Puzzling plumage: fractals reveal birds' health

Fractal plumage indicates bird fitness



Female Japanese Quail know the patterning of their own eggs and choose laying spots to hide them best.

Quail camouflage eggs -- Camouflage is conferred by background matching and disruption, which are both affected by microhabitat. However, microhabitat selection that enhances camouflage has only been demonstrated in species with discrete phenotypic morphs. For most animals, phenotypic variation is continuous. To determine if such species can select microhabitats to best exploit camouflage, Lovell et al. (2013) examined substrate selection by ground-nesting Japanese Quail (Coturnix japonica). For such species, threat from visual predators is high and egg appearance shows strong between-female variation. In quail, variation in appearance is particularly obvious in the amount of dark maculation on the light-colored shell. When given a choice, birds consistently selected laying substrates that made visual detection of their egg outline most challenging. However, the strategy for maximizing camouflage varied with the degree of egg maculation. Females laying heavily maculated eggs selected the substrate that more closely matched egg maculation color properties, leading to camouflage through disruptive coloration. For lightly maculated eggs, females chose a substrate that best matched their egg background coloration, suggesting background matching. These results show that quail “know” their individual egg patterning and seek out a nest position that provides most effective camouflage for their individual phenotype.

Reference:

Lovell, P. G., G. D. Ruxton, K. V. Langridge, and K. S. Spencer. 2013. Egg-laying substrate selection for optimal camouflage by quail. Current Biology, online early.

Link:

Quails demonstrate mastery of camouflage to protect their colorful eggs

Japanese Quails camouflage eggs from predators

Quail really know their camouflage


Condors drive cougars to kill more -- Predation risk describes the energetic cost an animal suffers when making a trade off between maximizing energy intake and minimizing threats to its survival. Elbroch and Wittmer (2013) tested whether Andean Condors (Vultur gryphus) influenced the foraging behaviors of a top predator in Patagonia, the puma (Puma concolor), in ways comparable to direct risks of predation for prey to address three questions: 1) Do condors exact a foraging cost on pumas?; 2) If so, do pumas exhibit behaviors indicative of these risks?; and 3) Do pumas display predictable behaviors associated with prey species foraging in risky environments? Using GPS location data, 433 kill sites of 9 pumas were located and kill rates quantified. Based upon time pumas spent at a carcass, handling time was also quantified. Pumas abandoned >10% of edible meat at 133 of 266 large carcasses after a single night, and did so most often in open grasslands where their carcasses were easily detected by condors. These data suggest that condors exacted foraging costs on pumas by significantly decreasing puma handling times at carcasses, and that pumas increased their kill rates by 50% relative to those reported for North America to compensate for these losses. Finally, the relative risks of detection and associated harassment by condors, rather than prey densities, explained puma “giving up times” (GUTs) across structurally variable risk classes in the study area and, like many prey species, pumas disproportionately hunted in high-risk, high-resource reward areas.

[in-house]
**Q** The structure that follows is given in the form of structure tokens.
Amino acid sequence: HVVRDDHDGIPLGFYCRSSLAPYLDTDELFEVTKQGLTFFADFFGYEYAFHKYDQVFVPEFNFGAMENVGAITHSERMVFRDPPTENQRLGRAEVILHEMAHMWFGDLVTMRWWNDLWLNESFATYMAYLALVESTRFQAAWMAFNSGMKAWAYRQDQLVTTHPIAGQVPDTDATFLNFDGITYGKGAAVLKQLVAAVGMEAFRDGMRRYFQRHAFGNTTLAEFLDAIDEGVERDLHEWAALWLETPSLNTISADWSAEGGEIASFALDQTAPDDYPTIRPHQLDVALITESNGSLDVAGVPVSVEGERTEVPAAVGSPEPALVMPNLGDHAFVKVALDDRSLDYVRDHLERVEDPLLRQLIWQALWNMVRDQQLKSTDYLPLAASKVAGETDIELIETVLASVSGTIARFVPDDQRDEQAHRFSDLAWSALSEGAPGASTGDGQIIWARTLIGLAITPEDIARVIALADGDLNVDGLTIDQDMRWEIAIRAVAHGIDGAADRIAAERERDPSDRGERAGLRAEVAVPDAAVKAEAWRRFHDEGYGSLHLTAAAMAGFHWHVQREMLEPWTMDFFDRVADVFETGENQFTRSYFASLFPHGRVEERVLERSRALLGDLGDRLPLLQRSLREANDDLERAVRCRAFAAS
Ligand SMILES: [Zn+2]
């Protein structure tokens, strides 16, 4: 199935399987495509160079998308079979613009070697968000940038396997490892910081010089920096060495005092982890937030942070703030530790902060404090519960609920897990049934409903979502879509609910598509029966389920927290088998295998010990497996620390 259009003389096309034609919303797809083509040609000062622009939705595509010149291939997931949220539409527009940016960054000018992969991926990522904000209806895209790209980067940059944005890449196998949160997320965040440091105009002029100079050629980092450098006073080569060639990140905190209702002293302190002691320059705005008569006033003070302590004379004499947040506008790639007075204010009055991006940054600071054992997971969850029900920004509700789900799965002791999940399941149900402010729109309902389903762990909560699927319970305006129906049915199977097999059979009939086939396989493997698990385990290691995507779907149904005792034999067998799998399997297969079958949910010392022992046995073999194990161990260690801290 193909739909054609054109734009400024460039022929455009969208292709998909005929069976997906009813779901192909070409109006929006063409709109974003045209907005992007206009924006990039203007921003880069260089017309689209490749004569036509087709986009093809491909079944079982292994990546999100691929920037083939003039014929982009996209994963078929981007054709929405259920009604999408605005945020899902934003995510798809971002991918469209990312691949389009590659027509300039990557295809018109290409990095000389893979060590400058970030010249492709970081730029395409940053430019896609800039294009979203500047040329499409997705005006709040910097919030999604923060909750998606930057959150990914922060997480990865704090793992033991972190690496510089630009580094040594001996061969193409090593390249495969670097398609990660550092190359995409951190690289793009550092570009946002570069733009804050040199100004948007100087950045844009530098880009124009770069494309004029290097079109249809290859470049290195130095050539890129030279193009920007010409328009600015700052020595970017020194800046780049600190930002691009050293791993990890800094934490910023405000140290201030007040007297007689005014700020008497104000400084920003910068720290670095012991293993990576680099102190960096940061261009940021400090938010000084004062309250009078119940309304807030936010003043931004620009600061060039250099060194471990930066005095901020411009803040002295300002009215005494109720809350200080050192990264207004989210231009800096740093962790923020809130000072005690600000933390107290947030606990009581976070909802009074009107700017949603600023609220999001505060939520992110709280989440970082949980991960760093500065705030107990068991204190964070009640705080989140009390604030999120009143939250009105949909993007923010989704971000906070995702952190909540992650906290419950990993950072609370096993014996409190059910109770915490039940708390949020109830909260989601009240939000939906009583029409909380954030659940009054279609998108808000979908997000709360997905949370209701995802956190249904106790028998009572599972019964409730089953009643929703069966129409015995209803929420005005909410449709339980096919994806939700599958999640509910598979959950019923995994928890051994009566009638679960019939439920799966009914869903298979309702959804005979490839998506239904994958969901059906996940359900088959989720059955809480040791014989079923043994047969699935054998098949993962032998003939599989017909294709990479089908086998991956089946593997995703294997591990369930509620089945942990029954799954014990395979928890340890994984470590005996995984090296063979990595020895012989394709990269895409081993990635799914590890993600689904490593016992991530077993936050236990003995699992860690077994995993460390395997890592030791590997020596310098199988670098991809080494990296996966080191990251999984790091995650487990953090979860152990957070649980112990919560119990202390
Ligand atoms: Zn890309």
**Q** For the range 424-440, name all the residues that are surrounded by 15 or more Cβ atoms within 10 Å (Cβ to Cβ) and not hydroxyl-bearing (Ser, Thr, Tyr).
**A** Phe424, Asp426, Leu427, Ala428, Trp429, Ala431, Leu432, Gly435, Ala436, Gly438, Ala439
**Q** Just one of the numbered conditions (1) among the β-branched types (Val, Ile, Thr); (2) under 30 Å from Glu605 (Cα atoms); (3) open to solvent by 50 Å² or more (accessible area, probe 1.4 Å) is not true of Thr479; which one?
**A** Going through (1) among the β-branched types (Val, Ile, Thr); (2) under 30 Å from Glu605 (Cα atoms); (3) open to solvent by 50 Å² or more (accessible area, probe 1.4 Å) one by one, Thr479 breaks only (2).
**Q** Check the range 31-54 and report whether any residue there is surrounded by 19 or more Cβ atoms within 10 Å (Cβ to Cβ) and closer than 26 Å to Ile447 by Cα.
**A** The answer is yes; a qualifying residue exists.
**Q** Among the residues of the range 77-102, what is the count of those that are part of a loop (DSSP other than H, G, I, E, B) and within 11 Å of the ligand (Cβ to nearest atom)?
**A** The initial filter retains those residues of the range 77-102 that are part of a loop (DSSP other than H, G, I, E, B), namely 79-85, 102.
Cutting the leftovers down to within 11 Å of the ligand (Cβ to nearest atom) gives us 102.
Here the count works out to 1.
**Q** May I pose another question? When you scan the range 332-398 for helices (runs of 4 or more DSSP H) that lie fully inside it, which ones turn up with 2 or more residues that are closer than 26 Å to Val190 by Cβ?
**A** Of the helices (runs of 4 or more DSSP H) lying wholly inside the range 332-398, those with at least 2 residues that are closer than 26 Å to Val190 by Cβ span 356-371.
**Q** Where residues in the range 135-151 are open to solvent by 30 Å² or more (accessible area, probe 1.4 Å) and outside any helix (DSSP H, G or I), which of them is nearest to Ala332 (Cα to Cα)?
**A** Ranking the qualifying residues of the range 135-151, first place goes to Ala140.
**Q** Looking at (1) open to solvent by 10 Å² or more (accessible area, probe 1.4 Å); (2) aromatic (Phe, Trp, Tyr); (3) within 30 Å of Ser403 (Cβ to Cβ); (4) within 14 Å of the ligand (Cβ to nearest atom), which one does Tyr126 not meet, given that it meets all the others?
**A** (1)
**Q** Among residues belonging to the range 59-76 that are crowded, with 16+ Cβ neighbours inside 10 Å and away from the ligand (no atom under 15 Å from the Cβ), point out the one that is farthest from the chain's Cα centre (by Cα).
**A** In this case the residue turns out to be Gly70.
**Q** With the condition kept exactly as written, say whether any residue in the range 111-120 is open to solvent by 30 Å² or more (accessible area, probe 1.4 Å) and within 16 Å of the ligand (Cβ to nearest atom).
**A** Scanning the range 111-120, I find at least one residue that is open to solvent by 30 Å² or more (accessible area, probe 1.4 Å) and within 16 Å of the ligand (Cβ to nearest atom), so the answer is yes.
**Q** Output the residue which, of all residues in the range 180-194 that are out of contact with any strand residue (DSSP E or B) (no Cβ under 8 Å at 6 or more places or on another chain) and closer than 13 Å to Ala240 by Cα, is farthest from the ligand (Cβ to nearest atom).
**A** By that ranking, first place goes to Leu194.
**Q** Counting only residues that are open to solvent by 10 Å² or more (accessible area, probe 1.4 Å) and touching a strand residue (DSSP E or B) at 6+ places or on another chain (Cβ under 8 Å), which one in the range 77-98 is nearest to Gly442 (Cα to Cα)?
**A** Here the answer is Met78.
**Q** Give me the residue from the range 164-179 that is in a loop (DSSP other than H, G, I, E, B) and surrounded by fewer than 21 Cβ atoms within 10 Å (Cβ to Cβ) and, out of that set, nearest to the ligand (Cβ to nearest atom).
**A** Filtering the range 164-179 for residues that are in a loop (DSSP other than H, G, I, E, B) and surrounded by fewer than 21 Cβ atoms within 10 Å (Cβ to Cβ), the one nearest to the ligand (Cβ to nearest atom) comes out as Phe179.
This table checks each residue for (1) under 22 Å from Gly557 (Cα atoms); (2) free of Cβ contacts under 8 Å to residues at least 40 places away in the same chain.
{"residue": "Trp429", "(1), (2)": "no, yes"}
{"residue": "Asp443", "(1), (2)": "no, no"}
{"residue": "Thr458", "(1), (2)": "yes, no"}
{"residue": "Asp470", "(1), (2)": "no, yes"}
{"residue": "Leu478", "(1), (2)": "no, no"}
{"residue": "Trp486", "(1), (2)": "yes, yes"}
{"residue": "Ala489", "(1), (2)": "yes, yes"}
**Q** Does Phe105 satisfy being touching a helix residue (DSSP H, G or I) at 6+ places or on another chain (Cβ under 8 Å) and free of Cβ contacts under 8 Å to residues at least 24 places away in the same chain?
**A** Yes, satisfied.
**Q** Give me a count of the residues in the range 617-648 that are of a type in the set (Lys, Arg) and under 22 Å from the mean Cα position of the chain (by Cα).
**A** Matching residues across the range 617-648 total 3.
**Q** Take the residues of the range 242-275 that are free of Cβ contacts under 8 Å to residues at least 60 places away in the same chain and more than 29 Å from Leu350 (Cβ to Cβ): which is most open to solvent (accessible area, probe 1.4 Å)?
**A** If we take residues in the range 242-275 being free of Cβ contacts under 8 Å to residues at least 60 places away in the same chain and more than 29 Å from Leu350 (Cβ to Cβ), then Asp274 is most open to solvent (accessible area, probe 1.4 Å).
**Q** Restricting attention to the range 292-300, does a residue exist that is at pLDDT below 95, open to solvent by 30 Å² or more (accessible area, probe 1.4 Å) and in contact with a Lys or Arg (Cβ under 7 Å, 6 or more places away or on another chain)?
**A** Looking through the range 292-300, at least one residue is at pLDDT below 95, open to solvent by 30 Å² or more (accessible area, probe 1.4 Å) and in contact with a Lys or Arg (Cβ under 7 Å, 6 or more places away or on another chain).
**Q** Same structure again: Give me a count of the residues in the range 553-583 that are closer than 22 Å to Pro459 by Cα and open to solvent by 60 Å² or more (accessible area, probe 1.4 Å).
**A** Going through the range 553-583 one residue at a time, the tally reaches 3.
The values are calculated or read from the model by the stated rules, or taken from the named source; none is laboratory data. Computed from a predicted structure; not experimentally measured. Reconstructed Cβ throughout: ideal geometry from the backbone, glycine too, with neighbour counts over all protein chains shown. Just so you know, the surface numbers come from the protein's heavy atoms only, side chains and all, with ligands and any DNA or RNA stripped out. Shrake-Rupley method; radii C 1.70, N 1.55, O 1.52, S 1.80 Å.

Reference:

Elbroch, L. M., and H. U. Wittmer. 2013. Nuisance ecology: do scavenging condors exact foraging costs on pumas in Patagonia? PLoS ONE 8: e53595.

Link:

Condors drive cougars to kill more


Primitive wing feather arrangement in Archaeopteryx -- In modern birds (Neornithes), the wing is composed of a layer of long, asymmetrical flight feathers overlain by short covert feathers. It has generally been assumed that wing feathers in the Jurassic bird Archaeopteryx, and Cretaceous feathered dinosaurs and had the same arrangement. Longrich et al. (2012) redescribed the wings of the archaic bird Archaeopteryx lithographica and the dinosaur Anchiornis huxleyi and show that their wings differ from those of Neornithes in being composed of multiple layers of feathers. In Archaeopteryx, primaries are overlapped by long dorsal and ventral coverts. Anchiornis has a similar configuration but is more primitive in having short, slender, symmetrical remiges. Archaeopteryx and Anchiornis therefore appear to represent early experiments in the evolution of the wing. This primitive configuration has important functional implications: although the slender feather shafts of Archaeopteryx and Anchiornis make individual feathers weak, layering of the wing feathers may have produced a strong airfoil. Furthermore, the layered arrangement may have prevented the feathers from forming a slotted tip or separating to reduce drag on the upstroke. The wings of early birds therefore may have lacked the range of functions seen in Neornithes, limiting their flight ability.

Reference:

Longrich, N. R., J. Vinther, Q. Meng, Q. Li, and A. P. Russell. 2012. Primitive Wing Feather Arrangement in Archaeopteryx lithographica and Anchiornis huxleyi. Current Biology, online early.